Painting on Zinc or on Galvanized Iron.

Painting on zinc or galvanized iron is facilitated by employing a mordant of 1 quart of chloride of copper, 1 of nitrate of copper, and 1 of sal-ammoniac, dissolved in 64 parts of water. To thin mixture add 1 part of commercial hydrochloric acid. This is brushed over the zinc, and dries a dull-grey colour in from twelve to twenty-four hours, paint adhering perfectly to the surface thus formed.

Bronzing Compositions.

The following are the formulæ for a variety of baths, designed to impart to polished brass various colours. The brass objects are put into boiling solutions composed of different salts, and the intensity of the shade obtained is dependent upon duration of the immersion. With a solution composed of sulphate of copper, 120 grains; hydrochlorate of ammonia, 30 grains; and water 1 quart, greenish shades are obtained. With the following solution, all the shades of brown, from orange-brown to cinnamon, are obtained: chlorate of potash, 150 grains; sulphate of copper, 150 grains; and water, 1 quart. The following solution gives the brass first a rosy tint, and then colours it violet and blue: sulphate of copper, 435 grains; hyposulphite of soda, 300 grains; cream of tartar, 150 grains; and water, 1 pint. Upon adding to this solution ammoniacal sulphate of iron, 300 grains, and hyposulphite of soda, 300 grains, there are obtained, according to the duration of the immersion, yellowish, orange, rosy, and then bluish shades. Upon polarizing the ebullition, the blue tint gives way to yellow, and finally to a pretty grey. Silver, under the same circumstances, becomes very beautifully coloured. After a long ebullition in the following solution, we obtain a yellow-brown shade, and then a remarkable fire-red: chlorate of potash, 75 grains; carbonate of nickel, 30 grains; salt of nickel, 75 grains; and water, 10 oz. The following solution gives a beautiful dark-brown colour: chlorate of potash, 75 grains; salt of nickel, 150 grains; and water, 10 oz. The following gives in the first place, a red, which passes to blue, then to pale lilac, and finally to white: orpiment, 75 grains; crystallized sal-sodæ, 150 grains; and water, 10 oz. The following gives a yellow-brown: salt of nickel, 75 grains; sulphate of copper, 75 grains; chlorate of potash, 75 grains; and water, 10 oz. On mixing the following solutions, sulphur separates, and the brass becomes covered with iridescent crystallizations: (1) cream of tartar, 75 grains; sulphate of copper, 75 grains; and water, 10 oz. (2) Hyposulphite of soda, 225 grains; and water, 5 oz. Upon leaving the brass objects immersed in the following mixture, contained in corked vessels, they at length acquire a very beautiful blue colour: hepar of sulphur, 75 grains; ammonia, 75 grains; and water, 4 oz.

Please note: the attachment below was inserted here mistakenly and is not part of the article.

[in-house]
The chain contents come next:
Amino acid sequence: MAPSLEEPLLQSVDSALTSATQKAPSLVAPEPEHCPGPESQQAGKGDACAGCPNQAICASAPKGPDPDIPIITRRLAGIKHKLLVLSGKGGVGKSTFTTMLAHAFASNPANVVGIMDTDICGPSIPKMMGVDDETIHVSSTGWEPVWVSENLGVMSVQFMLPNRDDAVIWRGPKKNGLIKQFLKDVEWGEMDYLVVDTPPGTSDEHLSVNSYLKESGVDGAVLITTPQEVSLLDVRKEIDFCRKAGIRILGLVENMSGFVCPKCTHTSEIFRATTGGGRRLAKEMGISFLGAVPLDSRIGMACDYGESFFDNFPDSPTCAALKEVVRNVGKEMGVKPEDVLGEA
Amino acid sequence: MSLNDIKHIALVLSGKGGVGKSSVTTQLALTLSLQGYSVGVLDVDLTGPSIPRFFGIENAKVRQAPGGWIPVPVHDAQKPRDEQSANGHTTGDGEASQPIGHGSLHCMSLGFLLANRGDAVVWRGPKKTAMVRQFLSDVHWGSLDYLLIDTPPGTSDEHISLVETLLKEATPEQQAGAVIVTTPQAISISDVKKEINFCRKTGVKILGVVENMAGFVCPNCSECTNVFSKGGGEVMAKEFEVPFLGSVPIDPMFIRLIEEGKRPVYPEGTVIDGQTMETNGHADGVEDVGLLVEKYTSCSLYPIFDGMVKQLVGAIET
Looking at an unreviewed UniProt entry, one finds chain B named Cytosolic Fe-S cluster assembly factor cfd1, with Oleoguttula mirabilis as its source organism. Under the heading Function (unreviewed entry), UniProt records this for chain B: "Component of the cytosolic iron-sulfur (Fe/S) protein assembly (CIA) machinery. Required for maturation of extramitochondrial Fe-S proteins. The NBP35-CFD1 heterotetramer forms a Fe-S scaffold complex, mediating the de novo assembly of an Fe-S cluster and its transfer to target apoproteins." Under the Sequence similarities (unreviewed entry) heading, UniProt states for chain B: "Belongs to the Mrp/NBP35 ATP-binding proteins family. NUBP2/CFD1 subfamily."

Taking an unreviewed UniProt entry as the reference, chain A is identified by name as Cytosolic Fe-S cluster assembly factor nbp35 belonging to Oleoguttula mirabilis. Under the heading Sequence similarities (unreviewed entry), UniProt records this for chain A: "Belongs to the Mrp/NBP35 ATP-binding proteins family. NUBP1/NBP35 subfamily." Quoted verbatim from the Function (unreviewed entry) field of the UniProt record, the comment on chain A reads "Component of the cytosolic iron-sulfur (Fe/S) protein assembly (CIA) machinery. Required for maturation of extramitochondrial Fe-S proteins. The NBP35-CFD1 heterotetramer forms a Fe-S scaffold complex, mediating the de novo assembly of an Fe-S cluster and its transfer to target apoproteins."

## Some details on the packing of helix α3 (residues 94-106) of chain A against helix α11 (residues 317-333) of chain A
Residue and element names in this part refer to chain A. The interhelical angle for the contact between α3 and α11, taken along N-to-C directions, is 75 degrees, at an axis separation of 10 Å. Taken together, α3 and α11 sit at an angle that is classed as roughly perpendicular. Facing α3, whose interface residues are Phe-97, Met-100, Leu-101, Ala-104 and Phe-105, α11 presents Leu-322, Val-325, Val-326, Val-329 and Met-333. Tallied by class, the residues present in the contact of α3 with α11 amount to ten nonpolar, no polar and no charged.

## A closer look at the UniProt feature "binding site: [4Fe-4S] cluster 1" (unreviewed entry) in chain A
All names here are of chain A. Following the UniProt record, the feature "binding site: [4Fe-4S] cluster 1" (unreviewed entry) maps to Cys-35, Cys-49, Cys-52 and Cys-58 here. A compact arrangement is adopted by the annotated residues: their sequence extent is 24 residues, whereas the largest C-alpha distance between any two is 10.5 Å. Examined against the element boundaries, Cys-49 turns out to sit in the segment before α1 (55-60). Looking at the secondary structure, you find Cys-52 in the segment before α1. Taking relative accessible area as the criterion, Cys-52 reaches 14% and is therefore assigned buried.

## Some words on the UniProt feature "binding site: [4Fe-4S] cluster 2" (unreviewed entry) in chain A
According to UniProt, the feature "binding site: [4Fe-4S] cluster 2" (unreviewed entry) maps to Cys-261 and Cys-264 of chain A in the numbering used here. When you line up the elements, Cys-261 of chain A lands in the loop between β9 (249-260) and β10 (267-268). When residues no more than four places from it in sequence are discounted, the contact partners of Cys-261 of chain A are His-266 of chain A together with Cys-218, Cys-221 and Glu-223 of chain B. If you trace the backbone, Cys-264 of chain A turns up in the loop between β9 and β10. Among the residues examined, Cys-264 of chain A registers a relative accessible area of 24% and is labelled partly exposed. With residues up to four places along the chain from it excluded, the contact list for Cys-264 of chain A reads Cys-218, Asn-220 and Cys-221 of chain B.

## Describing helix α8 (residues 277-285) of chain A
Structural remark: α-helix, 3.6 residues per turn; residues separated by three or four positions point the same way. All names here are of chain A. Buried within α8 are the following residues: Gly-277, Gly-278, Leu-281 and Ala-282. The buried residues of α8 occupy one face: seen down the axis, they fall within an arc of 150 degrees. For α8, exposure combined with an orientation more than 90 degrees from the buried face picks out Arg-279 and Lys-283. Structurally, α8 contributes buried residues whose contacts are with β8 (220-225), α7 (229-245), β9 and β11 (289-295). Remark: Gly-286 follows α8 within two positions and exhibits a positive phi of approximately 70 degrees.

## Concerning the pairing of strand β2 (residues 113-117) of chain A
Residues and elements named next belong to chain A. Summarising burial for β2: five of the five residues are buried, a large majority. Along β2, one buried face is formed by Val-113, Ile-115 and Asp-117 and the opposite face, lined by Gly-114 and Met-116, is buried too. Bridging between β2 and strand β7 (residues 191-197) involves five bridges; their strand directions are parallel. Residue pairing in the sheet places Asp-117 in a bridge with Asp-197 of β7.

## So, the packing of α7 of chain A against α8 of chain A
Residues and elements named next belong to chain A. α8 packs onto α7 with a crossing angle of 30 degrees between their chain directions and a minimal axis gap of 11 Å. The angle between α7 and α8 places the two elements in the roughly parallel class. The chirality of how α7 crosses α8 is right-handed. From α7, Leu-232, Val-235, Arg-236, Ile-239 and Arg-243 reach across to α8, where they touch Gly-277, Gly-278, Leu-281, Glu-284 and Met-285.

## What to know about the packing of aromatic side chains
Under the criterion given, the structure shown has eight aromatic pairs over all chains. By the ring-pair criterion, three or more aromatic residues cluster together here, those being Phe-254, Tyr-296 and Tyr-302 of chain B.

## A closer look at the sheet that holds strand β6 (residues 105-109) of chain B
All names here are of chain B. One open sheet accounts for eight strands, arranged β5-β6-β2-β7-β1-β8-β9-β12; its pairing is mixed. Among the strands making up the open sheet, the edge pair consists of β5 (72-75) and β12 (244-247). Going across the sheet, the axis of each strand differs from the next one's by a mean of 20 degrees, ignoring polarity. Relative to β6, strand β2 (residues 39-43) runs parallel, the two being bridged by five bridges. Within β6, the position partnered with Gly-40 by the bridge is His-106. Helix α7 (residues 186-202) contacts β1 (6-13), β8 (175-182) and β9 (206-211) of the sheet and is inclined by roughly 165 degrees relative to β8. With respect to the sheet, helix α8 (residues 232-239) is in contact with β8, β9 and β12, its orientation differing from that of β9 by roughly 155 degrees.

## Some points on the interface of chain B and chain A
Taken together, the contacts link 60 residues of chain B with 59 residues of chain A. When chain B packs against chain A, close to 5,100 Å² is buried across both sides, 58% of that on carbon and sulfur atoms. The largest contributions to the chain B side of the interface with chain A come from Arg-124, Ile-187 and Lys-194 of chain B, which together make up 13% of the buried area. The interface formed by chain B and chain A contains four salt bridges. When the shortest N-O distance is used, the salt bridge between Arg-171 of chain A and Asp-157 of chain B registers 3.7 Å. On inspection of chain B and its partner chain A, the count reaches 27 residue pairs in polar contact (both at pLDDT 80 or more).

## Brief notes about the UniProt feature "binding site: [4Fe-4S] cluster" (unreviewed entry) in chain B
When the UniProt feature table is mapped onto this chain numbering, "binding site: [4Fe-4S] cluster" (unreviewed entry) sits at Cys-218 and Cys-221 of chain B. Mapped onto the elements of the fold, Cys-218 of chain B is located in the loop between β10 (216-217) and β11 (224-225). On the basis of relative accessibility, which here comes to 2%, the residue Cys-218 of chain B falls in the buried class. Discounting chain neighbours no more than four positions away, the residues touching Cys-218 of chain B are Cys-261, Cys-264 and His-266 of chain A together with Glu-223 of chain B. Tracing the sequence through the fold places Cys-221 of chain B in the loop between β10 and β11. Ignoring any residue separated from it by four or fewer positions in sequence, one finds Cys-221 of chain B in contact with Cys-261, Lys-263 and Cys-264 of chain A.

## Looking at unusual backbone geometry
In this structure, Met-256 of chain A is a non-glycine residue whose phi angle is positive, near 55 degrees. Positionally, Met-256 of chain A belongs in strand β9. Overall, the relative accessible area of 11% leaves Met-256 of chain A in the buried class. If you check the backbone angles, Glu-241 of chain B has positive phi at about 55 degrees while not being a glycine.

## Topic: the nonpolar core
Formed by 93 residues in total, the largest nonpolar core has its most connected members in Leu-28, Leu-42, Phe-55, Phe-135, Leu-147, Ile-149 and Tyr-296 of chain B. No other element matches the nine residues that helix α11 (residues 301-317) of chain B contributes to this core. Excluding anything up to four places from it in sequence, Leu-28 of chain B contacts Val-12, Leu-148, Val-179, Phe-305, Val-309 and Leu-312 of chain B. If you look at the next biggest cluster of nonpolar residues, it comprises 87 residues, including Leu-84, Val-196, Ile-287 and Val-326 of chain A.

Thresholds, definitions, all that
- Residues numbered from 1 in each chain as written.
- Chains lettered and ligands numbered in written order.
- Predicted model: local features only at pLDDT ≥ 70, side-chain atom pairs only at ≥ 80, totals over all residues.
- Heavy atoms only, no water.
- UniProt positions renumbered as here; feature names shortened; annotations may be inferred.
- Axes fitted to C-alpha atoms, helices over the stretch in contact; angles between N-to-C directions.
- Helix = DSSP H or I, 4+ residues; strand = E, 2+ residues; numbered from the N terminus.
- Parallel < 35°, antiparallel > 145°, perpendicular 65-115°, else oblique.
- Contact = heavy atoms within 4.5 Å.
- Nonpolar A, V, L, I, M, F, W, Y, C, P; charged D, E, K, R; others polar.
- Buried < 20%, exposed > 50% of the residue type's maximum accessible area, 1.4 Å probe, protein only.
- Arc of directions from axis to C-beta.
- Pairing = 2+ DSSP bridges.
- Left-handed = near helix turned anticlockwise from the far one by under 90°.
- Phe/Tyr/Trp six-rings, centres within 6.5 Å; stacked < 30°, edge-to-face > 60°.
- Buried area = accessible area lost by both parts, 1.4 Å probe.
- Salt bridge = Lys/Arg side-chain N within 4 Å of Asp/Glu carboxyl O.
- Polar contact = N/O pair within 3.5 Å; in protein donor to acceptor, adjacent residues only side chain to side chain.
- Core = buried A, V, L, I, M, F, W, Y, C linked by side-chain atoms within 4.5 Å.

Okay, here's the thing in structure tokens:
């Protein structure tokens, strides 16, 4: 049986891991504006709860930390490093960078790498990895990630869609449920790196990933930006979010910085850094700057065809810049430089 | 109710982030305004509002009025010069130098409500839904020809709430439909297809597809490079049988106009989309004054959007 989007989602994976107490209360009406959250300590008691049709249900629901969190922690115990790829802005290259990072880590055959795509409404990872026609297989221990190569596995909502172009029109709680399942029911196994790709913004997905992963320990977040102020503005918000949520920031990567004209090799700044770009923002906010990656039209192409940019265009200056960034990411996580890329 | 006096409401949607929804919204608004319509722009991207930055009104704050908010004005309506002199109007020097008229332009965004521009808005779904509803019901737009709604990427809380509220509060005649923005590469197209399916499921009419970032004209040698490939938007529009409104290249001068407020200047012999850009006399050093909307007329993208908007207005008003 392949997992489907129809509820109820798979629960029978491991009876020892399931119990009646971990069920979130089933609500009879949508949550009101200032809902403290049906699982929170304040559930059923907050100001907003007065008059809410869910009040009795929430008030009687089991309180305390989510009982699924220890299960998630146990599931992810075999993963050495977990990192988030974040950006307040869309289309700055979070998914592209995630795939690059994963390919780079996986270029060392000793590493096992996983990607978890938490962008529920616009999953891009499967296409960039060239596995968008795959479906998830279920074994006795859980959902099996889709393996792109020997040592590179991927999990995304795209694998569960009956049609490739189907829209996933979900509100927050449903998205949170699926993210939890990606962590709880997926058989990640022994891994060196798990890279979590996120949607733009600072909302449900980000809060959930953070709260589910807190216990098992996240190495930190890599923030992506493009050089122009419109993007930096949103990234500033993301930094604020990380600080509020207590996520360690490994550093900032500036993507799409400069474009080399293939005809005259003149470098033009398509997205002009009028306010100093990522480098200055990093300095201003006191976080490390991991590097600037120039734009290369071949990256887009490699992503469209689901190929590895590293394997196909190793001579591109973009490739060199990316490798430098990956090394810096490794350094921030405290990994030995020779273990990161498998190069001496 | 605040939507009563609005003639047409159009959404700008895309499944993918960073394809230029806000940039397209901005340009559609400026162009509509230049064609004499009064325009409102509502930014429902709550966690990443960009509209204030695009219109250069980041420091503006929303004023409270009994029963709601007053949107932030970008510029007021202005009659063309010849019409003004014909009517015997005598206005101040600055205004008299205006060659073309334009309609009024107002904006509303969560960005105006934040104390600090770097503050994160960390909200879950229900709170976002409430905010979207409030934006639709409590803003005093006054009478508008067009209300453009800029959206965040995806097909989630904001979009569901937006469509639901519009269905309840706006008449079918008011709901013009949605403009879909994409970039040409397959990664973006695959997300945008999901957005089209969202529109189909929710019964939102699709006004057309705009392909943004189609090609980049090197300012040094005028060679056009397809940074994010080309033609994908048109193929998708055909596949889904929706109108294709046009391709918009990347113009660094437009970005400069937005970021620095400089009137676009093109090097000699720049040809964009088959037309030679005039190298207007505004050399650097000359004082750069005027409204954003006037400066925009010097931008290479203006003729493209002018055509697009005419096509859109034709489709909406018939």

A Golden Varnish for Metal.

Take 2 oz. of gum sandarach, 1 oz. of litharge of gold, and 4 oz. of clarified linseed oil, which boil in a glazed earthenware vessel till the contents appear of a transparent yellow colour. This will make a good varnish for the final coating for enamelled and japanned goods.

Carriage Varnish.

The following is used for the wheels, springs, and carriage parts of coaches and other vehicles: Take of pale African copal 8 lb.; fuse, and add 21/2 gallons of clarified linseed oil; boil until very stringy, then add1/4 lb. each of dry copperas and litharge; boil, and thin with 51/2 gallons of turpentine; then mix while hot with the following varnish, and immediately strain the mixture into a covered vessel. Gum anime, 8 lb.; clarified linseed oil, 21/2 gallons; 1/4 lb. each of dried sugar of lead and litharge; boil, and thin with 51/2 gallons of turpentine; and mix it while hot as above directed. Of course these quantities will only do for big jobs, and as it has to do with metal, it has been thought advisable to include the formula in this handbook.

Metal Polishes.

The active constituent of all metal polishes is generally chalk, rouge, or tripoli, because these produce a polish on metallic surfaces. The following recipes give good polishing soaps:—